SoftBank Group has agreed to buy ARM Holdings for £24,3bn (US$32bn; R460bn), securing a slice of virtually every mobile computing gadget on the planet and future connected devices in the home.
The Japanese company is offering £17/share in cash, or a 43% premium to the British company’s Friday close, according to a statement issued on Monday.
The deal would be the biggest-ever for SoftBank, which under chairman Masayoshi Son became one of Japan’s most acquisitive companies with stakes in wireless carrier Sprint and Alibaba Group.
SoftBank will gain control of a cash-generating mobile industry leader whose chip designs lie at the heart of everything from smartphones to servers and connected gadgets in the home. The British semiconductor house gets royalties when clients such as Apple, Samsung Electronics or Qualcomm adopt its designs, which are considered power-saving and efficient.
“As much as we hated the decision of buying Sprint, we believe if Son wanted to bet on the sterling recovering he picked a great name in the tech sector,” Amir Anvarzadeh, Singapore-based head of Japanese equity sales at BGC Partners, said in an e-mail. “The market will be seeing this acquisition in a positive light despite stretching its balance sheet further.”
SoftBank pledged to keep ARM’s headquarters in Cambridge and its senior management team, and to at least double employee headcount in the UK in the next five years. It will fund the acquisition partly through cash and loans, according to the statement.
Beyond its sheer scale, the ARM acquisition is unusual for a company that’s preferred to take control through hefty stakes in smaller companies, or those with high-growth potential. The chip designer alone will account for more than a third of SoftBank’s current total international holdings of Y8,3 trillion ($79bn) as of 15 July.
The deal will also be Britain’s largest since the country decided to depart the European Union, a historic move that weakened the pound against the yen.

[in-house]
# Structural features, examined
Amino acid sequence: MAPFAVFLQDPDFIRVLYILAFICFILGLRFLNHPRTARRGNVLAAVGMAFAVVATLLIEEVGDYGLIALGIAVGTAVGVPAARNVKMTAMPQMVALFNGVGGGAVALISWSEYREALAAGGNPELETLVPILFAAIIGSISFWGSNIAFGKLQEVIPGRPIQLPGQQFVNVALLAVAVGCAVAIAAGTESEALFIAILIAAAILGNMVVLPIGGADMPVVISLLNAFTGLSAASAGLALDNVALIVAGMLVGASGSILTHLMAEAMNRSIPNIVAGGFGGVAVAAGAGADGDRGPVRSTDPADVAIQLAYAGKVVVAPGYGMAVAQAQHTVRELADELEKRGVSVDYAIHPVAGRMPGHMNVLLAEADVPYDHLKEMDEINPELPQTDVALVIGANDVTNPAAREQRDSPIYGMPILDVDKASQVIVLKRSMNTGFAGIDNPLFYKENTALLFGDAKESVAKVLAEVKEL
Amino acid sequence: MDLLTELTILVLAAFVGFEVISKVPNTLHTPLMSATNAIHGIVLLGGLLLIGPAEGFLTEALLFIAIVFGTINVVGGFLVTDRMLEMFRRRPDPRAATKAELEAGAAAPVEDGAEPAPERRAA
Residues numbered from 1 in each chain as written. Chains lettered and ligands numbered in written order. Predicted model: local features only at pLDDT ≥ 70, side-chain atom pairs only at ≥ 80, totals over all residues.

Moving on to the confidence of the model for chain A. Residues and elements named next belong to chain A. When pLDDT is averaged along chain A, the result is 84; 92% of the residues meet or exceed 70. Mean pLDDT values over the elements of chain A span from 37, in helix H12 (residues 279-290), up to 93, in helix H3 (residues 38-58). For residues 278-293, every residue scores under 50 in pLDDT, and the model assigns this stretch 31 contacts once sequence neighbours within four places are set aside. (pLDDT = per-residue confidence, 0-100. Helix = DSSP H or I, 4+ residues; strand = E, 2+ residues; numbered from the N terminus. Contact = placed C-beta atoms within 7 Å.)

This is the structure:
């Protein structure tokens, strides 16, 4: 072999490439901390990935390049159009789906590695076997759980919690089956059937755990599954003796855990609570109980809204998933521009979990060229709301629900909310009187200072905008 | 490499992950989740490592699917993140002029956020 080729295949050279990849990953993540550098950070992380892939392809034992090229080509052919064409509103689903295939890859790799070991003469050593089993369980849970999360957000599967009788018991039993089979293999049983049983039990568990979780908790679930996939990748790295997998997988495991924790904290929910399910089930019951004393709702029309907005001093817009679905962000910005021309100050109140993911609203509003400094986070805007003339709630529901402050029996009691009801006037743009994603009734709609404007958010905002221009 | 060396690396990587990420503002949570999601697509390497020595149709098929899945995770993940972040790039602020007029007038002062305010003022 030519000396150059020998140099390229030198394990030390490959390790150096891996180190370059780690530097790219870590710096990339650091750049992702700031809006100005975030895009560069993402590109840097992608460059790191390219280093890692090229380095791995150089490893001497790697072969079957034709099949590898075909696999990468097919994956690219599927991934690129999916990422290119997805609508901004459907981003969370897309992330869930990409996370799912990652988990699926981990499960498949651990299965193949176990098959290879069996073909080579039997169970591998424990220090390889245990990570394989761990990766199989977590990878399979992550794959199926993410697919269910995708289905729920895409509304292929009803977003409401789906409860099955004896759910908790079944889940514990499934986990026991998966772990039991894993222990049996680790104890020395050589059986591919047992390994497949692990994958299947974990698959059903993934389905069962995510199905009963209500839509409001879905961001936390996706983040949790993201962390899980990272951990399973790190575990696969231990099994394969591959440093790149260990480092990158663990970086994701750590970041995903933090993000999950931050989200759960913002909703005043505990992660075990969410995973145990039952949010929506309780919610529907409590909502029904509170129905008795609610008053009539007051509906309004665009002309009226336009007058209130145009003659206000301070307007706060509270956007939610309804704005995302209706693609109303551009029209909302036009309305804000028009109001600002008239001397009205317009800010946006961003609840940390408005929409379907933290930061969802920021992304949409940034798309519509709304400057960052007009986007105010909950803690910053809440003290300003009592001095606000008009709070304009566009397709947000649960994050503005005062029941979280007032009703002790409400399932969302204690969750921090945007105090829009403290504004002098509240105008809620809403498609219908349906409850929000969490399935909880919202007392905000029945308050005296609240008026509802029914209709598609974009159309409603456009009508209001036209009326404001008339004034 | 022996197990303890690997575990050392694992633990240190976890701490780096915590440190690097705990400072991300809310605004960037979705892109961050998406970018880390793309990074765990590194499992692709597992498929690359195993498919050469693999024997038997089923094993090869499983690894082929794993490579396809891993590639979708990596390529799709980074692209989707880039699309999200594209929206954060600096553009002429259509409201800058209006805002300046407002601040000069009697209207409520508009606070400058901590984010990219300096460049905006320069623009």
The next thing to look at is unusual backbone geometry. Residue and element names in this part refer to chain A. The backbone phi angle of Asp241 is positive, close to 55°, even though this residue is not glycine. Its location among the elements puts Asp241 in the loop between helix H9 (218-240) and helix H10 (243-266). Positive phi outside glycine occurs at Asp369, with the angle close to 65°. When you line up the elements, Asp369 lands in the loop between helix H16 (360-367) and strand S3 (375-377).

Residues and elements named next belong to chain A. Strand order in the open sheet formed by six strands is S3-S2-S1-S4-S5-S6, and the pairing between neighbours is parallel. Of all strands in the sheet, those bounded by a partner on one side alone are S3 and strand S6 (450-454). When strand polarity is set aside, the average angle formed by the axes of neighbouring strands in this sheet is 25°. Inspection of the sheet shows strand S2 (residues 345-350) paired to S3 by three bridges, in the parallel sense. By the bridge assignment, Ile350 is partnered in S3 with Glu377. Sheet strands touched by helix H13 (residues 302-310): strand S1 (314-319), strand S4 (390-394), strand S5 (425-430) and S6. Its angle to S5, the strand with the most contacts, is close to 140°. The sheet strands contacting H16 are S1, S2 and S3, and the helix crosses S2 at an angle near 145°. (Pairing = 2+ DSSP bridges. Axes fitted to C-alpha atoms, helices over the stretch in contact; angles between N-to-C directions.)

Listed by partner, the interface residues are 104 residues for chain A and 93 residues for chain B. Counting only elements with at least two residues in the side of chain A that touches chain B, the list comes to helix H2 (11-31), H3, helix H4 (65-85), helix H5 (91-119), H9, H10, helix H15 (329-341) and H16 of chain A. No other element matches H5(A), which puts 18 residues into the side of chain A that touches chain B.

It was SoftBank that approached ARM, which didn’t run an auction process, two people familiar with the matter said before the announcement. SoftBank had been considering a purchase of ARM before the UK’s decision to leave the European Union, and the so-called Brexit vote wasn’t a factor in the Japanese company’s decision to proceed, one of the people said.
ARM has come to dominate the design of smartphone chips and is pushing into servers to challenge Intel, evolving from a small lab in a converted barn to a company whose designs are found in 95% of smartphones. With the mobile phone market slowing, ARM is adding new customers in the automotive industry and targeting growth in processors for network equipment makers and servers. The company is also exploring chip designs to boost the graphics capabilities of phones.
Any deal for ARM comes less than a month after Nikesh Arora, Son’s heir apparent at SoftBank, quit the company. The former Google executive was brought on board to spearhead a search for the next Alibaba, the Chinese e-commerce company SoftBank backed that went on to pull off the world’s largest initial public offering in 2014.
SoftBank will now need to add to its massive debt load to see the acquisition through. The Tokyo-based company carried almost $106bn of total debt on its balance sheet at the end of March, but less than $23bn in cash and marketable securities.
However, the price tag may be justified because ARM’s dominance in mobile computing translates into consistent cash flow, and its hardware-light business model yields margins north of 95 percent in every quarter since late 2014, Anvarzadeh said. — (c) 2016 Bloomberg LP
- Reported with assistance from Aaron Clark, Jonathan Browning, Ed Hammond, Alex Sherman and Takashi Amano